They had been toiling for weeks in the hazy humidity of an Erie summer, transforming the steep, wild, overgrown area near the creek and wooden footbridge into something more than a tangled mess of vegetation.
You already know that I’m a big fan of wild spaces, and I’ll admit that, at first, I was a little disappointed to see them turn the natural area lining Trout Run into a “blank canvas” of soil.
But, then, they started planting and the bank beds began to take shape. The flowers began to bloom and the footbridge, once hidden by the weeds around it, now stood out. It’s sure to see more traffic when students return to campus later this month. They’ll probably wonder where it came from, when it had been there all along, obscured by unruly weeds and bushes.
As I was walking back to my office one afternoon, the guys working on the project were taking a break. I smiled, pointed at the bank, and told them it was looking really nice.
We chatted for a bit. They thanked me and told me what a big job it had turned out to be and what they’d chosen to plant there (native plants) and why (soil and water maintenance).
I walked away, happy that I’d take the time to compliment them because if there is one thing world needs today it’s more kind words, more understanding, more compassion, more empathy, and more appreciation for one another.
Then, I realized I could do better. I turned around, went back and told them:
“You know, I interview a lot of people—professors, alumni, students—and I ask every single one of them why they chose this college. Almost all of them mention the beauty of our campus. So, you should know that you guys have as much of an influence on admissions and recruitment as the people in the offices and classrooms here. What you do here matters and it is appreciated.”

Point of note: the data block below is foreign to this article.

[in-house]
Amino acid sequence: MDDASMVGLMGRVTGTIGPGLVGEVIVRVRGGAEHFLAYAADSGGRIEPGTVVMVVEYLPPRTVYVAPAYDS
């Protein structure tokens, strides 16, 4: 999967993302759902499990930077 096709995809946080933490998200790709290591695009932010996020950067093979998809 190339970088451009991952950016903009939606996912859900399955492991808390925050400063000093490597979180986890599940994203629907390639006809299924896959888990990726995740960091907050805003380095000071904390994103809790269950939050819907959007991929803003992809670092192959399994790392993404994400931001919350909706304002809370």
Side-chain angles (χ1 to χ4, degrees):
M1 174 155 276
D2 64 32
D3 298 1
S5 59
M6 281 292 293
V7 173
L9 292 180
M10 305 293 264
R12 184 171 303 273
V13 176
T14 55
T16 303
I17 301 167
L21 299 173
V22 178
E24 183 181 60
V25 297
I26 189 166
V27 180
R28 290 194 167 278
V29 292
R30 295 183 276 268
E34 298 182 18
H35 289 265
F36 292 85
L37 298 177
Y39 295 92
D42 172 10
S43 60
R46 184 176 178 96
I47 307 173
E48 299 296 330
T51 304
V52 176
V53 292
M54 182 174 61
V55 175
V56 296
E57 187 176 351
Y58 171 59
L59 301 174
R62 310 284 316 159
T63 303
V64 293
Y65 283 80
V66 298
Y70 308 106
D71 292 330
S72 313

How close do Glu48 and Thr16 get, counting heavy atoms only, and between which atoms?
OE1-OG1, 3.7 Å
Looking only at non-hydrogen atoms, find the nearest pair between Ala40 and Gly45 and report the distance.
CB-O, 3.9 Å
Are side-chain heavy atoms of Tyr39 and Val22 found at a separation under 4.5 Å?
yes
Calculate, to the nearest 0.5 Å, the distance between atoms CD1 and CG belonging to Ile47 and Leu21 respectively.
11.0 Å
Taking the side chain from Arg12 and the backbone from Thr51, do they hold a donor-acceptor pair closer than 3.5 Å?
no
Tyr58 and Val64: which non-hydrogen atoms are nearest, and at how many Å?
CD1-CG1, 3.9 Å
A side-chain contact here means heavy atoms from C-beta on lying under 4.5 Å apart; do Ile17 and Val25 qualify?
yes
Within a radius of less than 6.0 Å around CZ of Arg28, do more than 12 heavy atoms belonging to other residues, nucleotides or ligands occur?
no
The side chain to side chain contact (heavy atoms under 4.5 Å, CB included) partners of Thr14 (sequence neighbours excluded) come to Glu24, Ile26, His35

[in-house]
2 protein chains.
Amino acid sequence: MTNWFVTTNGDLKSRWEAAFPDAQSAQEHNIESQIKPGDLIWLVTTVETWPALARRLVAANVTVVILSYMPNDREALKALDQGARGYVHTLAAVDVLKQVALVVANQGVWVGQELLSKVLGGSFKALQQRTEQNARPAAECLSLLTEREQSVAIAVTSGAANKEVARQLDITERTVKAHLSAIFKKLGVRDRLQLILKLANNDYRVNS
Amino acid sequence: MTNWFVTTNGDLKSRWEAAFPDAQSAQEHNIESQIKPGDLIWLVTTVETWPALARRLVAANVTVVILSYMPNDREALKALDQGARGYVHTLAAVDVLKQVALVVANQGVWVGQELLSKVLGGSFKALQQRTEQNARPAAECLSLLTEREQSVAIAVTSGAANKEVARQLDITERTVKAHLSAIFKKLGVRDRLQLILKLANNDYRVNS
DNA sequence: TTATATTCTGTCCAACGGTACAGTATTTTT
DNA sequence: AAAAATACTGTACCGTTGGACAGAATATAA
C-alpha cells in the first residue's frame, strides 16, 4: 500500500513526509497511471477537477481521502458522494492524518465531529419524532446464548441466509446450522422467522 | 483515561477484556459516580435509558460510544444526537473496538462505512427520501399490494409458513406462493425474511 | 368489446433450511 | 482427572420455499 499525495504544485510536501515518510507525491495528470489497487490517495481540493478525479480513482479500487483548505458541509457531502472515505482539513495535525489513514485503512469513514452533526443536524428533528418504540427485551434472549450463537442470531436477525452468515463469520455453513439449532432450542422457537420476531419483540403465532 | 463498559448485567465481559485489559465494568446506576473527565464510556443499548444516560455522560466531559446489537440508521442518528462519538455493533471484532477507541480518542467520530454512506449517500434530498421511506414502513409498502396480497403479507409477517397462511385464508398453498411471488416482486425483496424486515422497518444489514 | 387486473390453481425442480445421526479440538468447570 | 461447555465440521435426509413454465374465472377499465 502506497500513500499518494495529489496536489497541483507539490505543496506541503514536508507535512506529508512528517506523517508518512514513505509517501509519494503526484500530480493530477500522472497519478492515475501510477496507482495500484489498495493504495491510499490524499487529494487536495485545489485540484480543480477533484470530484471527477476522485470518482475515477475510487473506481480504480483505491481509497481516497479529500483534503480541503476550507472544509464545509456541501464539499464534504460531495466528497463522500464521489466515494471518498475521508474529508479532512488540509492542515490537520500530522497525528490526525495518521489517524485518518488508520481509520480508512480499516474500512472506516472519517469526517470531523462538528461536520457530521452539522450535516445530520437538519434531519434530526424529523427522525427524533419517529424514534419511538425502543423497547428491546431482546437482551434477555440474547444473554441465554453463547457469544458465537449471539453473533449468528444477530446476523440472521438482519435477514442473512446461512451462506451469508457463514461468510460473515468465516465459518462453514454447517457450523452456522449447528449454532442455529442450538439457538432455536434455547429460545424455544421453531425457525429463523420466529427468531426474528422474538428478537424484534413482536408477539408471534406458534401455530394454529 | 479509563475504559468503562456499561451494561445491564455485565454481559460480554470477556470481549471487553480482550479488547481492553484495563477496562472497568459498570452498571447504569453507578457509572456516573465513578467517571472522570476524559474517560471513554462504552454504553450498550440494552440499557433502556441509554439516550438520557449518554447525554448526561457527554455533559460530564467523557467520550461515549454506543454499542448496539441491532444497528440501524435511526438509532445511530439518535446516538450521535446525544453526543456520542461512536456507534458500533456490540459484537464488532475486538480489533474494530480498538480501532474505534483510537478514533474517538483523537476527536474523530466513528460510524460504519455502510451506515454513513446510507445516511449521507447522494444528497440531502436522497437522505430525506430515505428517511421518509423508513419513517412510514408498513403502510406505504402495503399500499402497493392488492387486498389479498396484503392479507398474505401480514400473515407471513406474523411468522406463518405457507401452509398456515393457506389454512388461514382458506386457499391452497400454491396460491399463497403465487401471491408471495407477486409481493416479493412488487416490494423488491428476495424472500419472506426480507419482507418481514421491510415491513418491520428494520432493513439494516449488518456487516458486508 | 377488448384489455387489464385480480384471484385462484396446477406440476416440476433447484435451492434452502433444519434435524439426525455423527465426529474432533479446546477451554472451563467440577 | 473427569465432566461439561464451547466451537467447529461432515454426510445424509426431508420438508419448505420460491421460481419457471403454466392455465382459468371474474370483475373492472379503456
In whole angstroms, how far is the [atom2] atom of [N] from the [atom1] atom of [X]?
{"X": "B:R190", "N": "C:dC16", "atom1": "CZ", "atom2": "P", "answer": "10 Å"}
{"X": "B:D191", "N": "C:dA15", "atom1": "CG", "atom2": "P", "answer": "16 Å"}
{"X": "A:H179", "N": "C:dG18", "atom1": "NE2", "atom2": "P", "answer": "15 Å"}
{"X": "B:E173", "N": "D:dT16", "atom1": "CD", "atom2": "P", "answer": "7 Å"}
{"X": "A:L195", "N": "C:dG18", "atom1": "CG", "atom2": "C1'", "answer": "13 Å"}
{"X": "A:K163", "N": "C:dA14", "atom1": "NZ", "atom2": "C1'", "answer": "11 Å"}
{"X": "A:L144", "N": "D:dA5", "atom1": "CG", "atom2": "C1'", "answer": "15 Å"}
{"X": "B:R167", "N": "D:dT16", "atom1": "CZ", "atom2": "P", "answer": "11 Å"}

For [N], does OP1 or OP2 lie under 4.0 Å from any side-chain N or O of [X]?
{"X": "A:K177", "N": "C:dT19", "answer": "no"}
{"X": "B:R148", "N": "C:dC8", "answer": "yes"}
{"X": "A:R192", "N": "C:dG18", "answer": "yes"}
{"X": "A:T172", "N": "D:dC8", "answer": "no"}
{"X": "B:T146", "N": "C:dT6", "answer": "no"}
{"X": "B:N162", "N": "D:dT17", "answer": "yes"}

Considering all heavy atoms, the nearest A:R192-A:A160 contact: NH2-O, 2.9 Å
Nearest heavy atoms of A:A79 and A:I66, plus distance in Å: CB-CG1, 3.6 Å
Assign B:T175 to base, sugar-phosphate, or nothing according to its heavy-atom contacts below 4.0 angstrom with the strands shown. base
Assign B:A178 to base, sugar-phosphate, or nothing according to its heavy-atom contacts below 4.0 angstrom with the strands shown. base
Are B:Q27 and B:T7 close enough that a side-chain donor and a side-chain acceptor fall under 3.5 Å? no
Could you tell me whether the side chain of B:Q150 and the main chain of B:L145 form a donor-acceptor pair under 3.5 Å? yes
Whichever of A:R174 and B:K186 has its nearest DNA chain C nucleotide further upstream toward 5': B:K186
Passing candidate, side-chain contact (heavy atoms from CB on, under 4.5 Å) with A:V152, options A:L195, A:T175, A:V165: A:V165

Consider this: What if we all used our own unique gifts to make the world a better, more beautiful place?
They did it with tools, plants, creativity, and a lot of sweat.
I try to do it with words.
What can you do?
About Just Write: Just Write is my adaptation of free writing, a technique in which a person writes continuously and quickly without little regard for spelling, grammar, or topic. It helps writers overcome blocks of apathy and explore everything from meaningful topics to mundane observations with the same effort and without the pressure of crafting perfect prose. I just start writing.
“What ends up revealing itself when free writing is that everything has meaning. That is a magnificent gift of writing. If we write from a free heart-gut place, our souls start speaking.”